Physiological control on carbon isotope fractionation in marine phytoplankton

Karen M. Brandenburg*, Björn Rost, Dedmer B. Van De Waal, Mirja Hoins, Appy Sluijs

*Corresponding author for this work

Research output: Contribution to journal/periodicalArticleScientificpeer-review

11 Citations (Scopus)


One of the great challenges in biogeochemical research over the past half a century has been to quantify and understand the mechanisms underlying stable carbon isotope fractionation (ϵp) in phytoplankton in response to changing CO2 concentrations. This interest is partly grounded in the use of fossil photosynthetic organism remains as a proxy for past atmospheric CO2 levels. Phytoplankton organic carbon is depleted in 13C compared to its source because of kinetic fractionation by the enzyme RubisCO during photosynthetic carbon fixation, as well as through physiological pathways upstream of RubisCO. Moreover, other factors such as nutrient limitation, variations in light regime as well as phytoplankton culturing systems and inorganic carbon manipulation approaches may confound the influence of aquatic CO2 concentrations [CO2] on ϵp. Here, based on experimental data compiled from the literature, we assess which underlying physiological processes cause the observed differences in ϵp for various phytoplankton groups in response to C-demand/C-supply, i.e., particulate organic carbon (POC) production / [CO2]) and test potential confounding factors. Culturing approaches and methods of carbonate chemistry manipulation were found to best explain the differences in ϵp between studies, although day length was an important predictor for ϵp in haptophytes. Extrapolating results from culturing experiments to natural environments and for proxy applications therefore require caution, and it should be carefully considered whether culture methods and experimental conditions are representative of natural environments.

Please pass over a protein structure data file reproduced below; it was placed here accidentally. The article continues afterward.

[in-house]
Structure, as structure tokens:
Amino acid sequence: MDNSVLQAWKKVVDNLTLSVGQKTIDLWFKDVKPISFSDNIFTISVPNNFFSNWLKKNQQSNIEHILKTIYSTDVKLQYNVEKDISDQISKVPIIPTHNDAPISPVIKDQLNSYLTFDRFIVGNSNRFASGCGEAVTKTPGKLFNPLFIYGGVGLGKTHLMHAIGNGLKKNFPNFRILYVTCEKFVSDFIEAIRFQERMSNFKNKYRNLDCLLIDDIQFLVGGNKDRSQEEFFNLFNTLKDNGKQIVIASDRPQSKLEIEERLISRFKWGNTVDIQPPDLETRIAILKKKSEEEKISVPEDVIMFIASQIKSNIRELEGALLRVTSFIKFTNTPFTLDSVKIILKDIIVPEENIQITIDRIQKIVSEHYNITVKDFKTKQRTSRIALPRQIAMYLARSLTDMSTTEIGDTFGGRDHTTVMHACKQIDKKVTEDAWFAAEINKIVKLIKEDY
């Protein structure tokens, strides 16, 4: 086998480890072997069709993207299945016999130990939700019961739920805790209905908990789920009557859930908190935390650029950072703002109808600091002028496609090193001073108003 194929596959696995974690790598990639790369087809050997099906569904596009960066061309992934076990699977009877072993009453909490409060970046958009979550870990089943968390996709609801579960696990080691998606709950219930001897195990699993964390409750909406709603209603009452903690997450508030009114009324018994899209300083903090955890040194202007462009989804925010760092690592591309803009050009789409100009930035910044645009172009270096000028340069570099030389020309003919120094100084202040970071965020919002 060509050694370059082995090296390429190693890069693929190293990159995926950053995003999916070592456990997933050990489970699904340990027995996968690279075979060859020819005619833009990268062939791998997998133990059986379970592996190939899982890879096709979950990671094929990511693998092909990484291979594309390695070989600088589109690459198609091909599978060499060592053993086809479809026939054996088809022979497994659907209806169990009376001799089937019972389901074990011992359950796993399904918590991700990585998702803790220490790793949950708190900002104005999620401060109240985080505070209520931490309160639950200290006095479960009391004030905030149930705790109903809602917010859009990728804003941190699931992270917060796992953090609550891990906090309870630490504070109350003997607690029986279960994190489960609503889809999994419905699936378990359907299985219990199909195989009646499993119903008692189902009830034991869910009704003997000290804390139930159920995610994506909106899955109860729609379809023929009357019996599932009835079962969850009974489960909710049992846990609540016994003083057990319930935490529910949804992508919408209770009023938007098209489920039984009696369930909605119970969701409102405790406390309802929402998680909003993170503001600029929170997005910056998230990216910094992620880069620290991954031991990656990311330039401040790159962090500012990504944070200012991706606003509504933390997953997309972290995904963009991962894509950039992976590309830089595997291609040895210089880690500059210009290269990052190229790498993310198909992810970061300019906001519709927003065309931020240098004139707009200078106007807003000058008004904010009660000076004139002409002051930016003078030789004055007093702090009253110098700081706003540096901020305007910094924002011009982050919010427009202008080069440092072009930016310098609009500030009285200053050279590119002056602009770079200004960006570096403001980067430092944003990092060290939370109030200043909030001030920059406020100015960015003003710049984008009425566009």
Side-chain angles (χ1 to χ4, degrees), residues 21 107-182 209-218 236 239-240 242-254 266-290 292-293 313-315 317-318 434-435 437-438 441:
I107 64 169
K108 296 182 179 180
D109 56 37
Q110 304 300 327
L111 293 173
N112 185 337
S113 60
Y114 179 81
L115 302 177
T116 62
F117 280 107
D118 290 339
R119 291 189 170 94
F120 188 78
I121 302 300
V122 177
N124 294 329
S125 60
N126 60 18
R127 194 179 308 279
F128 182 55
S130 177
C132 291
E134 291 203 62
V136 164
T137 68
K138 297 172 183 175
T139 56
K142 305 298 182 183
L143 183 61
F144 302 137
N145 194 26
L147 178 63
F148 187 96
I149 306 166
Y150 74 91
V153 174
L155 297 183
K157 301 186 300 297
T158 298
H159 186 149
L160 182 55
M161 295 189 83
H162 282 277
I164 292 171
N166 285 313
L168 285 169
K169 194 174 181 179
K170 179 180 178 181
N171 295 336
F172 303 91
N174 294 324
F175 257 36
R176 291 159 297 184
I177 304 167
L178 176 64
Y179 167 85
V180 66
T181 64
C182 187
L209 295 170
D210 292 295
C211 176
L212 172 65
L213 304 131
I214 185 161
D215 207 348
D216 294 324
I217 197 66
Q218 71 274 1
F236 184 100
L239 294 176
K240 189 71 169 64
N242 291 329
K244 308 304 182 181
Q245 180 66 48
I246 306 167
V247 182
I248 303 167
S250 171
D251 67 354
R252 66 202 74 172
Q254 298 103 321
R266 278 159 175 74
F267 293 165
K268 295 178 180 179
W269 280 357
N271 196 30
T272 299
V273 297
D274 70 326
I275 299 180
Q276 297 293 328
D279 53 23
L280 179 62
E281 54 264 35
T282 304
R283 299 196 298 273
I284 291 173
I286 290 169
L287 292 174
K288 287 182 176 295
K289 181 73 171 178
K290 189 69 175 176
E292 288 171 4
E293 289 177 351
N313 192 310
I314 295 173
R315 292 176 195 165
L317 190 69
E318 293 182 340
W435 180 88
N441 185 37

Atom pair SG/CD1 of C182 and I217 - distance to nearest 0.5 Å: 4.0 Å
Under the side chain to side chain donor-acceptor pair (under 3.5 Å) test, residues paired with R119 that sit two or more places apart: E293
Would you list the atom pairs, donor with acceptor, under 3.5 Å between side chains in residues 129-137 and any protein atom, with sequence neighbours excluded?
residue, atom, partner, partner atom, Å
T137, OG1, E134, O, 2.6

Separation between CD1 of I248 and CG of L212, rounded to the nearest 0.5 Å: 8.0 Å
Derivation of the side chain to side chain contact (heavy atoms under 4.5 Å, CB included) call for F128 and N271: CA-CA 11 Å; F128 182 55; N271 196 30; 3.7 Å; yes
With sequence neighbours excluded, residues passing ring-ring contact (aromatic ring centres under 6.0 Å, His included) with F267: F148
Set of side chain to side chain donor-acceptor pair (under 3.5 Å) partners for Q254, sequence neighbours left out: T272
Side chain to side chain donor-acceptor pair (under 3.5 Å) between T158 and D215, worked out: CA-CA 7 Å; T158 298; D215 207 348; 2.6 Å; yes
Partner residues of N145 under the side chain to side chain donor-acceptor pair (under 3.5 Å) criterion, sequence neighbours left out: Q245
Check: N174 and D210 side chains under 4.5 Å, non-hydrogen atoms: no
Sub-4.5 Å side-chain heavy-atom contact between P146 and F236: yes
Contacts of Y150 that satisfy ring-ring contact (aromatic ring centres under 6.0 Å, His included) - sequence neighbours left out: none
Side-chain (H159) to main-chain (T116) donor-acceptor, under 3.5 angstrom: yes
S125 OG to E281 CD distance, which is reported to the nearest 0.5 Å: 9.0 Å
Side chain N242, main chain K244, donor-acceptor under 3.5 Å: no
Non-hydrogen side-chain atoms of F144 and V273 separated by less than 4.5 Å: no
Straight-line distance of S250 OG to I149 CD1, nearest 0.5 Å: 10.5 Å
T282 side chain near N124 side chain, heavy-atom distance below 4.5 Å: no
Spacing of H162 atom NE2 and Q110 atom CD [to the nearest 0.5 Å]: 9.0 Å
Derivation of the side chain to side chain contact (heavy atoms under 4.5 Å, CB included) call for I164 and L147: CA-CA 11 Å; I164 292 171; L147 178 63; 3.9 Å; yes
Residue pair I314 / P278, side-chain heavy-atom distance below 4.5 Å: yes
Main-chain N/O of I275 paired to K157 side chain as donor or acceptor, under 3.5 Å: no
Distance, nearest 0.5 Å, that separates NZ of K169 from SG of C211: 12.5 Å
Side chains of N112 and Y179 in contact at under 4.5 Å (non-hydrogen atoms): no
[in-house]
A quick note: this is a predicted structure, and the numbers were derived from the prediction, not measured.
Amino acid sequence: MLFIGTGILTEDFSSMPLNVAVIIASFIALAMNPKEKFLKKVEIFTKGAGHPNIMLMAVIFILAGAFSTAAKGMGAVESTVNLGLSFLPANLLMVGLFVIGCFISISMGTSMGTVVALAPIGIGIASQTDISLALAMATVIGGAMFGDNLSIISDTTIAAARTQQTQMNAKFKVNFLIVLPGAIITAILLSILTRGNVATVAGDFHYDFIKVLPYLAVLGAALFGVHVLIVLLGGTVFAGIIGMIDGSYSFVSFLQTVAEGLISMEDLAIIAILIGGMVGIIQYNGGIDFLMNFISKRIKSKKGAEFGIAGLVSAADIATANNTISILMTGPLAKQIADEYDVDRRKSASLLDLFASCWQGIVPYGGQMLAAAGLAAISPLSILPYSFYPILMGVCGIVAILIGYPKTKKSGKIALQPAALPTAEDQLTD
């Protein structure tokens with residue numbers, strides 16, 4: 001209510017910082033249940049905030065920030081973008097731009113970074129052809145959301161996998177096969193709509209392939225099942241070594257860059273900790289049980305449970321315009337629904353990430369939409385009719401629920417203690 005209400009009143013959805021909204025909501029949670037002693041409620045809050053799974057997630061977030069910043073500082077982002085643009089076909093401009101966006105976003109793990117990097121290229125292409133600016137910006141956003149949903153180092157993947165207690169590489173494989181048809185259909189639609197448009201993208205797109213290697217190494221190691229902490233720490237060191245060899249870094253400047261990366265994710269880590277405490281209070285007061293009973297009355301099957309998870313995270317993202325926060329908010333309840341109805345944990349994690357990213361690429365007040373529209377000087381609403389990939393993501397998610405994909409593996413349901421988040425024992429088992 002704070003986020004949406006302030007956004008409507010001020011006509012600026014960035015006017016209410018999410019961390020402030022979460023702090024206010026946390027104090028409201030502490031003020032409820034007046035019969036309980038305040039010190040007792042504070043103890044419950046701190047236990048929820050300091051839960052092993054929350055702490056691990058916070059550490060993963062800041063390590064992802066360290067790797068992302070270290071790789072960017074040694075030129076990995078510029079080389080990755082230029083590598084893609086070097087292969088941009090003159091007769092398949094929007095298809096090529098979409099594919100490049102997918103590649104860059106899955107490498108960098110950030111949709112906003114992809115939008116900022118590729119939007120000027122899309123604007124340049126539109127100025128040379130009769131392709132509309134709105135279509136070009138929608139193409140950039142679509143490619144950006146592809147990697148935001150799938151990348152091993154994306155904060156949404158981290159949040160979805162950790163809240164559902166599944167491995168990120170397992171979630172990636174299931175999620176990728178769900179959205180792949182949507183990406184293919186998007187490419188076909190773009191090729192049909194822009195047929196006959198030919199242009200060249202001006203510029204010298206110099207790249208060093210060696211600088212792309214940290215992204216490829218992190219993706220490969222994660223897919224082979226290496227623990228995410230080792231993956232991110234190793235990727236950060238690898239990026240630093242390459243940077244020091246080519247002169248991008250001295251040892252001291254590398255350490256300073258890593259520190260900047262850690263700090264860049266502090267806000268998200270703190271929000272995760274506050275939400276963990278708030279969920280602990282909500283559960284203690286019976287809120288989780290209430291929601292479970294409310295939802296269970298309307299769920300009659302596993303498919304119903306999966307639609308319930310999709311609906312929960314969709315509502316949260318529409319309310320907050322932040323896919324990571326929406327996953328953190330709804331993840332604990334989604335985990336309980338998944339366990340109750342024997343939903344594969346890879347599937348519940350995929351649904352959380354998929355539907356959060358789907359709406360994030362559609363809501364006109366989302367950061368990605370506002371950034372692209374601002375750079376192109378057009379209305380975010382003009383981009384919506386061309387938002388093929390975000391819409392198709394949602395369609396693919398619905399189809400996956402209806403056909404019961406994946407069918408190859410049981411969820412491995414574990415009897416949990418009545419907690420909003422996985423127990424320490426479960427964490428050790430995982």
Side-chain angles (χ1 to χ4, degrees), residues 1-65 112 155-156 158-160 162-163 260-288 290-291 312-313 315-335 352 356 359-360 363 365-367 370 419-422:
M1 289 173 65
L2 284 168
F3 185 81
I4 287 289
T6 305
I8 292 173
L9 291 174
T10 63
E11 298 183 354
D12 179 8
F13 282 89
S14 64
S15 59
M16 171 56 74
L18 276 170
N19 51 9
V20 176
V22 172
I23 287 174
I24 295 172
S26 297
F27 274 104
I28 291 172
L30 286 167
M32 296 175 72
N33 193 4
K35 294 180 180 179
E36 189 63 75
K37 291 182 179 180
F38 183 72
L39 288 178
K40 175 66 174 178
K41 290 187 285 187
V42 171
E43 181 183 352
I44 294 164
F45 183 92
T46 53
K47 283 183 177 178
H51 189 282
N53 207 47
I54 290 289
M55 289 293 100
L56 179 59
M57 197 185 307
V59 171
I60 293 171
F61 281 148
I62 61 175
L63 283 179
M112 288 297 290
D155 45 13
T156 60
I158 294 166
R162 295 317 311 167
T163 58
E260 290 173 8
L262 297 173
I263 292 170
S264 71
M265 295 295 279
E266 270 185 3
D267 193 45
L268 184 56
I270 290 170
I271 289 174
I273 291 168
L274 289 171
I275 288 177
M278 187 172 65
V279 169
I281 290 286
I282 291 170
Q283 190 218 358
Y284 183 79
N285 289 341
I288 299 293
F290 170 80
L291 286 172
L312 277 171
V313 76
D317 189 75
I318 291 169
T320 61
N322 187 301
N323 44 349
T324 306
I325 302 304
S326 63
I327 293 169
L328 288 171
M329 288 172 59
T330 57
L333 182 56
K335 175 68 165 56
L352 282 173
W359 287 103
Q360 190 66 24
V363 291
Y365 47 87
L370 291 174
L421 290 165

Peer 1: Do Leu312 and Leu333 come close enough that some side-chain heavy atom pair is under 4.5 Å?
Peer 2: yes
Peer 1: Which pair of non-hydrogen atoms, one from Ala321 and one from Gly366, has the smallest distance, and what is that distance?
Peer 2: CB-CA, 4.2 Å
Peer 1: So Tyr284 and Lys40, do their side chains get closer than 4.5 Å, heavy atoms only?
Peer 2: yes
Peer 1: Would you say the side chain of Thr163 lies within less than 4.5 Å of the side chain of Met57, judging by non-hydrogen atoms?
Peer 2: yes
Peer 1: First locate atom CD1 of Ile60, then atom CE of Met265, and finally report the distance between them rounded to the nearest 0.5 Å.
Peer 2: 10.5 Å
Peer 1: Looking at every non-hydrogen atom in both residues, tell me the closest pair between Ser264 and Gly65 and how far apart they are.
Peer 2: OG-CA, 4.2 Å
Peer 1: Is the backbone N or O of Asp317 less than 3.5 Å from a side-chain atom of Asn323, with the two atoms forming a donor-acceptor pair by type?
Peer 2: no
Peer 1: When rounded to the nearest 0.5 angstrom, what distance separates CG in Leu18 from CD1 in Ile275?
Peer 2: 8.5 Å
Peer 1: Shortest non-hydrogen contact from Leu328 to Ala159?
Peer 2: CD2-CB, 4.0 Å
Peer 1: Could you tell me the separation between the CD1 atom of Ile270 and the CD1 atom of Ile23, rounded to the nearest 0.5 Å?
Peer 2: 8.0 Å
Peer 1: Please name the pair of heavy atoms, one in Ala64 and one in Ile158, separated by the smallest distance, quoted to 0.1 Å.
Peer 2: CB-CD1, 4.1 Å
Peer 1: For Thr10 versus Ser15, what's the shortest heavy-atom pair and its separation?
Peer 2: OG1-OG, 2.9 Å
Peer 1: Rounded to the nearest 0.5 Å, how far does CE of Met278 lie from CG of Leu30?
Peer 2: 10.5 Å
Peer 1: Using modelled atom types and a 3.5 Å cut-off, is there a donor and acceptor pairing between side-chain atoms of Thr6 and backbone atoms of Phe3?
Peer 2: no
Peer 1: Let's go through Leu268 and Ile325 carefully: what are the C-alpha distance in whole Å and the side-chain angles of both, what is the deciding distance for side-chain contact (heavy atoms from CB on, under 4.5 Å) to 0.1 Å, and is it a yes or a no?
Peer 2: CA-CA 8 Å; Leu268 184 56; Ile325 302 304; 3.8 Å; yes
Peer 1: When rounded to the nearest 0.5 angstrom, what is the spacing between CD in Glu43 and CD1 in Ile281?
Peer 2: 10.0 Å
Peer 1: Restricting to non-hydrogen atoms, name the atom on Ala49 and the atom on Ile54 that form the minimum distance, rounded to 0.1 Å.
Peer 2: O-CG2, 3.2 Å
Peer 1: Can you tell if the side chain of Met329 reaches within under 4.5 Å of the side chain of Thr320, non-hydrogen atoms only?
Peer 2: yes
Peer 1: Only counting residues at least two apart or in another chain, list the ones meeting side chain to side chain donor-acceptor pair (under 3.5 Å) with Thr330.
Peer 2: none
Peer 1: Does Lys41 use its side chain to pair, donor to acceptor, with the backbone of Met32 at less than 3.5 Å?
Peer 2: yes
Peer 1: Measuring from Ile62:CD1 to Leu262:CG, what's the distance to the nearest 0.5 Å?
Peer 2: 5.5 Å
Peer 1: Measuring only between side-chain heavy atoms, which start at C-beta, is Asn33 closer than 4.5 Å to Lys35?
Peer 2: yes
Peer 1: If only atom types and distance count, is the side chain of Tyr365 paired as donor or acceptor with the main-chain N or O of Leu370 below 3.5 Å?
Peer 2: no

Original languageEnglish
Pages (from-to)3305-3315
Number of pages11
Issue number13
Publication statusPublished - 15 Jul 2022

Research theme

  • Climate change


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